Amy Williams:

So Charlie, I'm a military wife, I'm married to an army man myself. For you being in Iraq, how did you find that situation? You had to take control and you had things changing around you? How then did you find that?

Charlie Unwin:

I think the irony is that most of the time, I really struggled in training to do all the right things. They put you under pressure a lot in training. One of the key messages for me, which I take now into sport, is we've got to practice pressure. It's got to be part of our day to day. We can't just wait until we get there.

And again, I know we'll have some fascinating conversations about your experiences on this. For me, I always struggled in training and when we got out there and did it for real, I was amazed at how we were all able to do it so effectively.

It was pretty rough in 2004, we were being attacked in camp about four times a day. And there's no greater test for how you perform and think under pressure than being shot at. But like I say, practicing pressure became a real cornerstone of the stuff that I do. And when I got back from Iraq, I got into sports a lot more, which is actually where, when we met. We were both training at the University of Bath at the time. And I got into pentathlon is, as you mentioned earlier. Shooting, fencing, swimming, riding, and running. I wasn't the most talented of athletes. I really wasn't. And that's not me being modest in any way.

What I had to depend on is the mental game. What I realized very quickly is that when you've got a sport like pentathlon, there are some athletes who are up there one day and down there the next. And very often the more talented they are, the more up and down they are.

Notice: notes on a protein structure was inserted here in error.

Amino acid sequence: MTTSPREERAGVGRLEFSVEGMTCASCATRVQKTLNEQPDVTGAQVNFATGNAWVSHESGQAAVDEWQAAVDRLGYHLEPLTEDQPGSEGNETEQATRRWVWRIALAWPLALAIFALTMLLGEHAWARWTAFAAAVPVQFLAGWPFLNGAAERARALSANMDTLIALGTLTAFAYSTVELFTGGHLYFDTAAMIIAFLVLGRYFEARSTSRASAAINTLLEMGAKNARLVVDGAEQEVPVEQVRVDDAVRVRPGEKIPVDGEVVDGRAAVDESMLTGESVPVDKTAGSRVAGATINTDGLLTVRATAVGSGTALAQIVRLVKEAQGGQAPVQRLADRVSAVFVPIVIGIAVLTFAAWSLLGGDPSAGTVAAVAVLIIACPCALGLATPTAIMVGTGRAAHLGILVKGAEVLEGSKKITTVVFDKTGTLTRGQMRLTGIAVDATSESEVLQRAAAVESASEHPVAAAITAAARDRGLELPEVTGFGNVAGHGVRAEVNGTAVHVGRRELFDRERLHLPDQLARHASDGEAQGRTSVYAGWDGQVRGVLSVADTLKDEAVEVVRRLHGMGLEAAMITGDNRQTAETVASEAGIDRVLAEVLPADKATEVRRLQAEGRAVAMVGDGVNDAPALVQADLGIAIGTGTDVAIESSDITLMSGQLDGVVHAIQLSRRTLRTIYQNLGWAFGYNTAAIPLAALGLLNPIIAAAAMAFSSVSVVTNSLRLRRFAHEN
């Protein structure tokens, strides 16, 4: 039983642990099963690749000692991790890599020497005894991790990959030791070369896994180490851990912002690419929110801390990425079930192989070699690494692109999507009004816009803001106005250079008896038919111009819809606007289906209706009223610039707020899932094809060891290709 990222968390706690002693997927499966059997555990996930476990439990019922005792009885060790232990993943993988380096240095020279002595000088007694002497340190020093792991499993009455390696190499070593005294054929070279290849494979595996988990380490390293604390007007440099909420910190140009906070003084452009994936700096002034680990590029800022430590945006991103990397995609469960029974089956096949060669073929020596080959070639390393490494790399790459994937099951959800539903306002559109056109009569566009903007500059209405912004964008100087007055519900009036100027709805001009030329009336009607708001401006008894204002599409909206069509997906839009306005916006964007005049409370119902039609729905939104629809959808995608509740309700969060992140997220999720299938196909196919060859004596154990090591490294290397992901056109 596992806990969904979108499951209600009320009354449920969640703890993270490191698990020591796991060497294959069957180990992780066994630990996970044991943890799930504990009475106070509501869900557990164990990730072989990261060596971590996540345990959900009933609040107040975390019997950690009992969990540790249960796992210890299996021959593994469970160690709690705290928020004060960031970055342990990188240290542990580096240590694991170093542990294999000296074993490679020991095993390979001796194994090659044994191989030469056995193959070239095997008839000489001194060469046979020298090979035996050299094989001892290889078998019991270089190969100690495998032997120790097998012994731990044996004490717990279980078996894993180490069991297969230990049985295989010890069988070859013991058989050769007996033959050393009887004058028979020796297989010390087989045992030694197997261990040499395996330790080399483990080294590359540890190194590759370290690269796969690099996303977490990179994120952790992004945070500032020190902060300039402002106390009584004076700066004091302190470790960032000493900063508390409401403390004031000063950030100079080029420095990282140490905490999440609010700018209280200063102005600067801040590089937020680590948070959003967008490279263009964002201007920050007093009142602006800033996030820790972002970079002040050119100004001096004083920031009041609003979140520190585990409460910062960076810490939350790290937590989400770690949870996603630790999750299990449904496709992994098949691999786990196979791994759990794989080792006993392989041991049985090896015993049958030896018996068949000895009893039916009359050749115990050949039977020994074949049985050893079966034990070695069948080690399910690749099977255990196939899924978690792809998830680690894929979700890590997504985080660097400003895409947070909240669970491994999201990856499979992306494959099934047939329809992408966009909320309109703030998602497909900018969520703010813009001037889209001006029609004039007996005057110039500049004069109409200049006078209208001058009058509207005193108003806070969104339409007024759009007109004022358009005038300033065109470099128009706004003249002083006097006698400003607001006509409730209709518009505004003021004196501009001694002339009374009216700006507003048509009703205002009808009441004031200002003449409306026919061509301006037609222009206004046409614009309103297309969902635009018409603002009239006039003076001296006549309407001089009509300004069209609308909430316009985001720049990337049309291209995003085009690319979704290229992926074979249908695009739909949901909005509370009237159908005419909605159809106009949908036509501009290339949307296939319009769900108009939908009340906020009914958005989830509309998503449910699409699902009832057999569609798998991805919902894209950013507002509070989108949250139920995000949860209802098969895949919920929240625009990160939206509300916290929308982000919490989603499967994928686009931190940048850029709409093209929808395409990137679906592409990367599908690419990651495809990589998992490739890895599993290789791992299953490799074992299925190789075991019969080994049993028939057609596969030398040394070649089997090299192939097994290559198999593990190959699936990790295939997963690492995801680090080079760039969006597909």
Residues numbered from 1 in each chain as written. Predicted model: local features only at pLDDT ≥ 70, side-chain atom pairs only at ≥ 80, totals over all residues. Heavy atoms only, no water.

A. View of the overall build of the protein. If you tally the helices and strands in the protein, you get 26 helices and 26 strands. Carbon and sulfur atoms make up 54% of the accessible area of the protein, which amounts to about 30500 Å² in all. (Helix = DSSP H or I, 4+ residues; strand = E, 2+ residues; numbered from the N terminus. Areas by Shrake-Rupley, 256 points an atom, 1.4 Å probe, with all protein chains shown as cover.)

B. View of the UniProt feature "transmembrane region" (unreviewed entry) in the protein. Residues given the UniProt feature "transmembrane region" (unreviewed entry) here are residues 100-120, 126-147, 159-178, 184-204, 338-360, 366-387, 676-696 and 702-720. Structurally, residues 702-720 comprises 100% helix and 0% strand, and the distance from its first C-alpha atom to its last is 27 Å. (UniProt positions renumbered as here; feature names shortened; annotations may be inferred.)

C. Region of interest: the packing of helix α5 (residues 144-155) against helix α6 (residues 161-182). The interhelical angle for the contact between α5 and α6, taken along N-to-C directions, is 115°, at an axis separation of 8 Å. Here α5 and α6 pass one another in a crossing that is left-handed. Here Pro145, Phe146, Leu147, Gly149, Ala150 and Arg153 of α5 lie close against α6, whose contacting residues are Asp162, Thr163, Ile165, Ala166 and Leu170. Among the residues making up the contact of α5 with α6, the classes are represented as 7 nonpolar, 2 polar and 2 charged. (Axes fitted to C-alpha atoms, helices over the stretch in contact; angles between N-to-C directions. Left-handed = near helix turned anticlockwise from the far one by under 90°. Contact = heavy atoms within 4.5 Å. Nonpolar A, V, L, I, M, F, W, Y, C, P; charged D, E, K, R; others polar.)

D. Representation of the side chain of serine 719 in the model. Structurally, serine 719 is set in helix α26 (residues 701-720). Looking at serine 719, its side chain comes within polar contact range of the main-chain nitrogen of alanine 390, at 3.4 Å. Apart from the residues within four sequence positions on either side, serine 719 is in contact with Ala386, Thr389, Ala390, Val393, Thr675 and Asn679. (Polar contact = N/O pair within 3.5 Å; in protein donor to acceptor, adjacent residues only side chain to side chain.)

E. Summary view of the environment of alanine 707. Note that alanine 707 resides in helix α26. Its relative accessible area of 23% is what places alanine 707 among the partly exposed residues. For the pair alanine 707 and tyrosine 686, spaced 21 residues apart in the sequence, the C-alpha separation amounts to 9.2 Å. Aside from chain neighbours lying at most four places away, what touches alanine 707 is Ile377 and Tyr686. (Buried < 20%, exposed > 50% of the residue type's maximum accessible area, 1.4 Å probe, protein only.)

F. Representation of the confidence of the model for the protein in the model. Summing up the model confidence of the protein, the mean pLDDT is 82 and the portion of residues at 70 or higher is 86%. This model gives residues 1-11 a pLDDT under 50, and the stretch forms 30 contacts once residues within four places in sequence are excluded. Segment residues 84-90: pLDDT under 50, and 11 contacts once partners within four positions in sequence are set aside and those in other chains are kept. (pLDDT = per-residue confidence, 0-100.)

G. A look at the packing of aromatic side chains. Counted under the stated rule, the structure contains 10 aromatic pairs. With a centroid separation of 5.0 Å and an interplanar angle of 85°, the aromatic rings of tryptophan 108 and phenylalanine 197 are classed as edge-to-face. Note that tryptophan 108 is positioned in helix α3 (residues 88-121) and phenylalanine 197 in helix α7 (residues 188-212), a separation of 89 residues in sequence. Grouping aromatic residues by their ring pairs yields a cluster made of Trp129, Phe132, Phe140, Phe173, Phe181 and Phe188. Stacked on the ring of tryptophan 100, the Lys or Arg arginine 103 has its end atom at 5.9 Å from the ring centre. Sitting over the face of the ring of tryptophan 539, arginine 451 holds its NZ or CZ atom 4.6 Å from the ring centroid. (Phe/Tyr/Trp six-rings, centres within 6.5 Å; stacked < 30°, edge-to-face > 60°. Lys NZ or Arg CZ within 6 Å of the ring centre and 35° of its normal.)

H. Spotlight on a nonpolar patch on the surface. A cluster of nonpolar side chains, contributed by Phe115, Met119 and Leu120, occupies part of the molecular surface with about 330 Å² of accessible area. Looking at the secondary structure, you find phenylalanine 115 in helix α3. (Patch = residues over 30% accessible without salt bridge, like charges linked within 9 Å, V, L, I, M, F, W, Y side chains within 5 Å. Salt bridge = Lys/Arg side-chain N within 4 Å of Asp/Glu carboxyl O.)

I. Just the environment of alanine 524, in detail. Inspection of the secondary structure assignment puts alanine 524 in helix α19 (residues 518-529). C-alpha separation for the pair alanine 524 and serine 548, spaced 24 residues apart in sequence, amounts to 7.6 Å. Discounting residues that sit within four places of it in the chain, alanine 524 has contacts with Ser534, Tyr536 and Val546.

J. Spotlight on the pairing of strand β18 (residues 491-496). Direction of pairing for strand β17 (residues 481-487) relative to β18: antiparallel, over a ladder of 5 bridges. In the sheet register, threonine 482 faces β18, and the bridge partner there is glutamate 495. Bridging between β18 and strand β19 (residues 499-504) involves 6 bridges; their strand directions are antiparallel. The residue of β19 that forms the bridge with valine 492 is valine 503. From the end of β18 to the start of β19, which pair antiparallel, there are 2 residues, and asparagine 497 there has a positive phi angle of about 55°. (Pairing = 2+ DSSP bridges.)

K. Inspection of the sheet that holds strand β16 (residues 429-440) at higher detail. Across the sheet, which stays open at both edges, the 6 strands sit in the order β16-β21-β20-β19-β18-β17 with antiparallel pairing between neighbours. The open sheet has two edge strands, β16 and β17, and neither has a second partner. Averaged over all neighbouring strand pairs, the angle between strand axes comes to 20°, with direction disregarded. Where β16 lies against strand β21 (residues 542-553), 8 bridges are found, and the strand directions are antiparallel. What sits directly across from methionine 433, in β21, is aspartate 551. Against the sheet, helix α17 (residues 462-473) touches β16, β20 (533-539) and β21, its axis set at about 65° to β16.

Often people rely on their talent, rely on their physical skill. And, and so I thought, well, if I can be near my best every single time, I'll be quite difficult to beat. But having that level of consistency required, meant applying myself in a way that we weren't taught or perhaps other people didn't do. So I reinvested in psychology and I got back into it has led me to where I am now.

Amy Williams:

You know what? I can't wait for us to be chatting a little bit more later and dive into how you did it and what your techniques were and do a bit of comparison.

Charlie Unwin:

Me too.

Amy Williams:

So Charlie, you left the Army, you got into sport yourself and clearly at some point you, you stopped sport and then started working with performance athletes. Tell us a little bit about that.

Charlie Unwin:

Yeah. I soon realized that my real vocation was going to be helping other people - apply the stuff that I'd learnt over time. I went back to university, did a masters in sports psychology to really to allow me to formalize some of the ideas that I'd developed and it's those ideas and there is a set system that I now use today. So I was lucky enough to get asked to come and work with lots of Olympic teams.